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18 The Food of Man

John Uri Lloyd's picture
Submitted by John Uri Lloyd on Tue, 05/20/2014 - 02:36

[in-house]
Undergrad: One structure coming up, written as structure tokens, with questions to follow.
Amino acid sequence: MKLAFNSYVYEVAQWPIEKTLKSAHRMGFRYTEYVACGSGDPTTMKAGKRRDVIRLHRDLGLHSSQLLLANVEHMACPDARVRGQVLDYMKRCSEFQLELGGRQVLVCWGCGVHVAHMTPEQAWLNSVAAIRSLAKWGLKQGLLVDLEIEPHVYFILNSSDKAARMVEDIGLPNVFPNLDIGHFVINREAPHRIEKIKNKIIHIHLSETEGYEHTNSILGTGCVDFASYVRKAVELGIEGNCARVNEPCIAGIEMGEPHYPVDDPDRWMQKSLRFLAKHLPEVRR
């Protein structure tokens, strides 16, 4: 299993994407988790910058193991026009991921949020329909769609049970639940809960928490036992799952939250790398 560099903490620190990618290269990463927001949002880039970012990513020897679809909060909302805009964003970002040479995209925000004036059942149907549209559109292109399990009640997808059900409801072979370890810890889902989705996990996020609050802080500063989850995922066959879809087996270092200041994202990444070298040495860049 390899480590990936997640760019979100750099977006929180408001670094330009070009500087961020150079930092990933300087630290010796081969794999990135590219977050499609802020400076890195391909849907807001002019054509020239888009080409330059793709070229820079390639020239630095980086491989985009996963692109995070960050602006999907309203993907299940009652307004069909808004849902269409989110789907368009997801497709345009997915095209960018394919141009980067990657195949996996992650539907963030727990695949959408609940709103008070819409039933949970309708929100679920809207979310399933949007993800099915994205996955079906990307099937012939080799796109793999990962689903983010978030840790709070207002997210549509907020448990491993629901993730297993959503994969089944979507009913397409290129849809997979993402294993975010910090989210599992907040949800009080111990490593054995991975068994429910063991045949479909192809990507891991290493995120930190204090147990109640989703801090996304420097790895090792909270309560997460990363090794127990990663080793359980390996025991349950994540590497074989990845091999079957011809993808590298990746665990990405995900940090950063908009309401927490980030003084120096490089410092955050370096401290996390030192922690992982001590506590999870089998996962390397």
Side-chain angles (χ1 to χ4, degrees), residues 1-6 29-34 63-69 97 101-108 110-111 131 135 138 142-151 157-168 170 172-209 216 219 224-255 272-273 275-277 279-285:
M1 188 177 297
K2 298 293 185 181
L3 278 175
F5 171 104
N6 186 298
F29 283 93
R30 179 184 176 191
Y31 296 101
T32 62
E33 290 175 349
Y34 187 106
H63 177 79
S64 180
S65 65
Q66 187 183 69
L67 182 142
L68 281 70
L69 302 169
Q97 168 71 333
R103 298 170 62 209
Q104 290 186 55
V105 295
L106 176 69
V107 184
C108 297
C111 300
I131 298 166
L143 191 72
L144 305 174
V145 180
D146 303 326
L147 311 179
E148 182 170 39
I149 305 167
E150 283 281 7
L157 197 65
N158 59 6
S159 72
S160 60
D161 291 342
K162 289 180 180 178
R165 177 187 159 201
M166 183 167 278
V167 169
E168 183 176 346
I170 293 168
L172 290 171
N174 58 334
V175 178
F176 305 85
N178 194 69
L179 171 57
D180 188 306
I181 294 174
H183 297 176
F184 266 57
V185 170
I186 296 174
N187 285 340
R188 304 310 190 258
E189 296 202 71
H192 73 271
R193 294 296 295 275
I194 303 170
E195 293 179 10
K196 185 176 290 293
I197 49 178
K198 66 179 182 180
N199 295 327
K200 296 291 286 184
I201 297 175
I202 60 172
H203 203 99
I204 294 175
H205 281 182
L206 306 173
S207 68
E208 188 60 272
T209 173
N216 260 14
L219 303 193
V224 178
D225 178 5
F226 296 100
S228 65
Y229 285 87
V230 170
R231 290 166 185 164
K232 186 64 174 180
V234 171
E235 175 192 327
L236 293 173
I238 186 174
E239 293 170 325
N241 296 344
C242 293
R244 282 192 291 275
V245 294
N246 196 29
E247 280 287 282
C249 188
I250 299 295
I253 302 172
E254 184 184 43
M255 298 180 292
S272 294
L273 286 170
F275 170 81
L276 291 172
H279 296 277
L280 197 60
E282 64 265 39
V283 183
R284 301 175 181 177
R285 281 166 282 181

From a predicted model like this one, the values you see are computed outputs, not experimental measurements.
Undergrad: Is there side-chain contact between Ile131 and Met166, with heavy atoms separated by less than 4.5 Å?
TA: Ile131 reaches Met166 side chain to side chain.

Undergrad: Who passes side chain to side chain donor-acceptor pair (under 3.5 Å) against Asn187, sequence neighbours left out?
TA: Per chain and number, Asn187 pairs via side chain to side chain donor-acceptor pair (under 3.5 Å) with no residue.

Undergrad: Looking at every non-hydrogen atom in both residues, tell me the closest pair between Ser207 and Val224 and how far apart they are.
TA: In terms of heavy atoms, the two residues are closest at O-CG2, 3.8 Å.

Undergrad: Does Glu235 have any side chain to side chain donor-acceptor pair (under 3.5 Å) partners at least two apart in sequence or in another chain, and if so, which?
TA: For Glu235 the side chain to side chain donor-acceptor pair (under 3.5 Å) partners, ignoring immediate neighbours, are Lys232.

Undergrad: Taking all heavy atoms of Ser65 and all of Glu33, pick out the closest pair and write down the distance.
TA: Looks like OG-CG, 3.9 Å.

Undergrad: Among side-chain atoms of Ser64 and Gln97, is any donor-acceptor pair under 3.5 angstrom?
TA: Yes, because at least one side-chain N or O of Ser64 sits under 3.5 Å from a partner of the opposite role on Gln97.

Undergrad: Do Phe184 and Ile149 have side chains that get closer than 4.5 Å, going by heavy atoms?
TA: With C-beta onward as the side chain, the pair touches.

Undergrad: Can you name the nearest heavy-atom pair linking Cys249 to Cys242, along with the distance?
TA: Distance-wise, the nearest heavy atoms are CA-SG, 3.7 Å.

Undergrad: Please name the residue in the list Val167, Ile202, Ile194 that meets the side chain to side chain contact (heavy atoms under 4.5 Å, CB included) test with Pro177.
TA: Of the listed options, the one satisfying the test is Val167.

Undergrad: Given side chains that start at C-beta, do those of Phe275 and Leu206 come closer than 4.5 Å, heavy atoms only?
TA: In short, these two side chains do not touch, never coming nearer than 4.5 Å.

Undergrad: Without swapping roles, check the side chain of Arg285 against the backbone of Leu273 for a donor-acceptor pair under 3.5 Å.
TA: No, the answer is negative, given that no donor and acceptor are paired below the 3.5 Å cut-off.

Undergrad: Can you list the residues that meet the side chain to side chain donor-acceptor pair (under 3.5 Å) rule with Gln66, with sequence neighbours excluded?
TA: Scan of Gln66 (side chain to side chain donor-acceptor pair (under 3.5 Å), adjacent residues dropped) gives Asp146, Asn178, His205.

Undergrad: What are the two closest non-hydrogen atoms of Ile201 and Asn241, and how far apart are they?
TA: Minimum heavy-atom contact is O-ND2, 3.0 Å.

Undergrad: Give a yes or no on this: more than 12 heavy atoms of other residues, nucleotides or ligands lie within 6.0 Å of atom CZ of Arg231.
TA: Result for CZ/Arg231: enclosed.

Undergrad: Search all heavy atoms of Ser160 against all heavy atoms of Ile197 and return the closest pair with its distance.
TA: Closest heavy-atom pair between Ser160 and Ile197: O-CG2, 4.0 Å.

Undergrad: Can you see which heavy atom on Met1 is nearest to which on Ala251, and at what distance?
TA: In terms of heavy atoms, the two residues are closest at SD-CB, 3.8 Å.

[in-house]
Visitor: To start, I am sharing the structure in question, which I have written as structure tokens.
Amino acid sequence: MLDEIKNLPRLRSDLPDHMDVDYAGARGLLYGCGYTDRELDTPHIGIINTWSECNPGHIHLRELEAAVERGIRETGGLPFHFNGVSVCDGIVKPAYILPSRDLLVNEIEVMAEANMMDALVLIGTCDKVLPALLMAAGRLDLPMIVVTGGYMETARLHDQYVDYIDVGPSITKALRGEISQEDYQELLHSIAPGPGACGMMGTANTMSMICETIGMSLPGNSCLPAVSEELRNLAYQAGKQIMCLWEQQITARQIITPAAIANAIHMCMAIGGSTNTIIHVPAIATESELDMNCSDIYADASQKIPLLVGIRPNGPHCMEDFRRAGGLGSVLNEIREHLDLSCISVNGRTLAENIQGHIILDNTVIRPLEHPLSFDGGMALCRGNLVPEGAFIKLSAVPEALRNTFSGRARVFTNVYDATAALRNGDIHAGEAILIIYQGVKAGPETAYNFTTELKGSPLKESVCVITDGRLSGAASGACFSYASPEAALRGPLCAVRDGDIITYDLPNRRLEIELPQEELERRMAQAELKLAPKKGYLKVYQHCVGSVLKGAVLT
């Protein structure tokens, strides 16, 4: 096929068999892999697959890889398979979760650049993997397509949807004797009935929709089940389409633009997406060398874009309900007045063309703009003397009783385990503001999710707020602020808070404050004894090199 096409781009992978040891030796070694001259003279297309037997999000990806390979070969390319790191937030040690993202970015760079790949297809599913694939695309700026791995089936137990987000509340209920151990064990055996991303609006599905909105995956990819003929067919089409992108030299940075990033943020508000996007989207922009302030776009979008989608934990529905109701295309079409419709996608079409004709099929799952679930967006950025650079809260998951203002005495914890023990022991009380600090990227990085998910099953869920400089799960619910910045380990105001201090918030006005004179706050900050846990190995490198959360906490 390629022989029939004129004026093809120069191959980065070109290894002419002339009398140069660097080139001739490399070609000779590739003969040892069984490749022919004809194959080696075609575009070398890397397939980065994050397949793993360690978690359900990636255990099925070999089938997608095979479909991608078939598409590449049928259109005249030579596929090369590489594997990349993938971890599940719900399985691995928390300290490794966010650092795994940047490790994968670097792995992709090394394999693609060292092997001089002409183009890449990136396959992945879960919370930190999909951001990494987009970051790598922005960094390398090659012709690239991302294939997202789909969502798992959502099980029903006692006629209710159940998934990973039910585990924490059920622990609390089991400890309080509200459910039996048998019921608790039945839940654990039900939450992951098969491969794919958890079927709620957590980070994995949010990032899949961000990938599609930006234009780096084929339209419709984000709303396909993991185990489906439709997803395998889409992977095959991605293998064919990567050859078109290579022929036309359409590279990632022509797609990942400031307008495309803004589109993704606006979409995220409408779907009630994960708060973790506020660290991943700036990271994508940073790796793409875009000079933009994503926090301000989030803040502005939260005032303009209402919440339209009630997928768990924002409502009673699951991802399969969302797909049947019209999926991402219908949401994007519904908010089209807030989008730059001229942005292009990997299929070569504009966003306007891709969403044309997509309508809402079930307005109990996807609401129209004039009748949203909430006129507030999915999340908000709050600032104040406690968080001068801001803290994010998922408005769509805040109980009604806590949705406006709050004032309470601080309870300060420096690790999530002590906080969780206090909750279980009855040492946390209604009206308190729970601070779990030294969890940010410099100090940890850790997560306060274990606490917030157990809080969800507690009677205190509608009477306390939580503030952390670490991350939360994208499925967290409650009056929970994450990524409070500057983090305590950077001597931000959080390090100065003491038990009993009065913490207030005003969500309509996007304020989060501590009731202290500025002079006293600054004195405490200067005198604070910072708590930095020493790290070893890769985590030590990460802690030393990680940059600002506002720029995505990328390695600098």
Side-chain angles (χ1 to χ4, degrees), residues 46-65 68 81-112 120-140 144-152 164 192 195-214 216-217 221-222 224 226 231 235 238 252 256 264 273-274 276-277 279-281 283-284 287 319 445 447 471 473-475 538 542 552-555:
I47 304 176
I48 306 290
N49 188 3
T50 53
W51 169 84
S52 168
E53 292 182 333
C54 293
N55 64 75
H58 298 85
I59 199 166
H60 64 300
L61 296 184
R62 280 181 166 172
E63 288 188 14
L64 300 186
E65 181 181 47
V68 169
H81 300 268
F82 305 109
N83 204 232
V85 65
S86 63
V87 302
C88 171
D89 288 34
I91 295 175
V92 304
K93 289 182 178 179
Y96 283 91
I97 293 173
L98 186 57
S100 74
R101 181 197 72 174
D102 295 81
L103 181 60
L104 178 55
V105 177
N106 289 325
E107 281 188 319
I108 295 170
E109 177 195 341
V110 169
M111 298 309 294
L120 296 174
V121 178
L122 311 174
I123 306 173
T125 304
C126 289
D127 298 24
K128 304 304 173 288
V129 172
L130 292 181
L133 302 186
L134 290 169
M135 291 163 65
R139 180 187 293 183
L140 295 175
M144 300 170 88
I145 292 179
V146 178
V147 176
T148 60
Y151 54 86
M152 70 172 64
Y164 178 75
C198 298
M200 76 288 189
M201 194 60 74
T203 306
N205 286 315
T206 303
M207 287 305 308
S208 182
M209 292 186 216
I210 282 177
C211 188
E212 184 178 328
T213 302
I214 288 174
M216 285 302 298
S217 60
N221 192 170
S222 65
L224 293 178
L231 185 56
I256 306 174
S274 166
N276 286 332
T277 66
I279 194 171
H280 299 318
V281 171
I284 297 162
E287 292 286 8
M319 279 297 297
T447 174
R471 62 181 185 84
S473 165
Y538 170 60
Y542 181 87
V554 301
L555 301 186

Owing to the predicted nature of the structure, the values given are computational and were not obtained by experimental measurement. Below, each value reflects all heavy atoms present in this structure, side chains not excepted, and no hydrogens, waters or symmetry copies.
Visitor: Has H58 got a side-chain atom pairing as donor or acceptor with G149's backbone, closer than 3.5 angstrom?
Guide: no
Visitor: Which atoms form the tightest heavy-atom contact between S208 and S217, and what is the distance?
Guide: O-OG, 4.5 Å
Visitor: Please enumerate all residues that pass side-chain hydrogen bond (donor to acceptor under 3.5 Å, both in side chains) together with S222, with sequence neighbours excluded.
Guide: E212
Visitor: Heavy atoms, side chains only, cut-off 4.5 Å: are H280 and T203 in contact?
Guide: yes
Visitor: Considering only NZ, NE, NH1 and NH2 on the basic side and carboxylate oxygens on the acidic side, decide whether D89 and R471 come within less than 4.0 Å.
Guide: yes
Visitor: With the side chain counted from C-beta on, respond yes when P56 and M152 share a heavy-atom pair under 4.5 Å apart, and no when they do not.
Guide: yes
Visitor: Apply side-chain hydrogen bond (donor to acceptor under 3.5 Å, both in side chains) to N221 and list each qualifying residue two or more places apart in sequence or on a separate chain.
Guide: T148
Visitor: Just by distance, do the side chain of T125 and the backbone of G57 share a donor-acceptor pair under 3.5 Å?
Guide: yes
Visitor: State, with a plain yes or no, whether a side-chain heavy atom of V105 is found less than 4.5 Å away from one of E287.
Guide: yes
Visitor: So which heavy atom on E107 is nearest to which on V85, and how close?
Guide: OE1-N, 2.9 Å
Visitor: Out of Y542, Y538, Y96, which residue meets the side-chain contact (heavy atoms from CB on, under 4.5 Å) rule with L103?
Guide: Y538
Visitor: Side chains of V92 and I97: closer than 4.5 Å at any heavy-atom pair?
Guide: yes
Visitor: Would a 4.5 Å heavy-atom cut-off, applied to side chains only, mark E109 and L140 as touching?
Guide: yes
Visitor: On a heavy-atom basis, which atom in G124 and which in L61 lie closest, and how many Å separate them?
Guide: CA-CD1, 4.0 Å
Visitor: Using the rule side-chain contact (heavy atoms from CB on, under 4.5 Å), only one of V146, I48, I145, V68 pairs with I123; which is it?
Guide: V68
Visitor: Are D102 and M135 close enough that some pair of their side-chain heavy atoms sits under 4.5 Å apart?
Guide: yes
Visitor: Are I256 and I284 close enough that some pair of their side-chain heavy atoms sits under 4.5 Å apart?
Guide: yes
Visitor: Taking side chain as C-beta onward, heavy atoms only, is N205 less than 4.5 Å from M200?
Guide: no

"This leads me to remark," answered the eyeless seer, "that you speak without due consideration of previous experience. You are, or should be, aware of other and as marked differences in food products of upper earth, induced by climate, soil and cultivation. The potato which, next to wheat, rice, or corn, you know supplies nations of men with starchy food, originated as a wild weed in South America and Mexico, where it yet exists as a small, watery, marble-like tuber, and its nearest kindred, botanically, is still poisonous. The luscious apple reached its present excellence by slow stages from knotty, wild, astringent fruit, to which it again returns when escaped from cultivation. The cucumber is a near cousin of the griping, medicinal cathartic bitter-apple, or colocynth, and occasionally partakes yet of the properties that result from that unfortunate alliance, as too often exemplified to persons who do not peel it deep enough to remove the bitter, cathartic principle that exists near the surface. Oranges, in their wild condition, are bitter, and are used principally as medicinal agents. Asparagus was once a weed, native to the salty edges of the sea, and as this weed has become a food, so it is possible for other wild weeds yet to do. Buckwheat is a weed proper, and not a cereal, and birds have learned that the seeds of many other weeds are even preferable to wheat. The wild parsnip is a poison, and the parsnip of cultivation relapses quickly into its natural condition if allowed to escape and roam again. The root of the tapioca plant contains a volatile poison, and is deadly; but when that same root is properly prepared, it becomes the wholesome food, tapioca. The nut of the African anacardium (cachew nut) contains a nourishing kernel that is eaten as food by the natives, and yet a drop of the juice of the oily shell placed on the skin will blister and produce terrible inflammations; only those expert in the removal of the kernel dare partake of the food. The berry of the berberis vulgaris is a pleasant acid fruit; the bough that bears it is intensely bitter. Such examples might be multiplied indefinitely, but I have cited enough to illustrate the fact that neither the difference in size and structure of the species in the mushroom forest through which we are passing, nor the conditions of these bodies, as compared with those you formerly knew, need excite your astonishment. Cultivate a potato in your former home so that the growing tuber is exposed to sunshine, and it becomes green and acrid, and strongly virulent. Cultivate the spores of the intra-earth fungi about us, on the face of the earth, and although now all parts of the plants are edible, the species will degenerate, and may even become poisonous. They lose their flavor under such unfavorable conditions, and although some species still retain vitality enough to resist poisonous degeneration, they dwindle in size, and adapt themselves to new and unnatural conditions. They have all degenerated. Here they live on water, pure nitrogen and its modifications, grasping with their roots the carbon of the disintegrated limestone, affiliating these substances, and evolving from these bodies rich and delicate flavors, far superior to the flavor of earth surface foods. . On the surface of the earth, after they become abnormal, they live only on dead and devitalized organic matter, having lost the power of assimilating elementary matter. They then partake of the nature of animals, breathe oxygen and exhale carbonic acid, as animals do, being the reverse of other plant existences. Here they breathe oxygen, nitrogen, and the vapor of water; but exhale some of the carbon in combination with hydrogen, thus evolving these delicate ethereal essences instead of the poisonous gas, carbonic acid. Their substance is here made up of all the elements necessary for the support of animal life; nitrogen to make muscle, carbon and hydrogen for fat, lime for bone. This fungoid forest could feed a multitude. It is probable that in the time to come when man deserts the bleak earth surface, as he will some day be forced to do, as has been the case in frozen planets that are not now inhabited on the outer crust; nations will march through these spaces on their way from the dreary outside earth to the delights of the salubrious inner sphere. Here then, when that day of necessity appears, as it surely will come under inflexible climatic changes that will control the destiny of outer earth life, these constantly increasing stores adapted to nourish humanity, will be found accumulated and ready for food. You have already eaten of them, for the variety of food with which I supplied you has been selected from different portions of these nourishing products which, flavored and salted, ready for use as food, stand intermediate between animal and vegetable, supplying the place of both."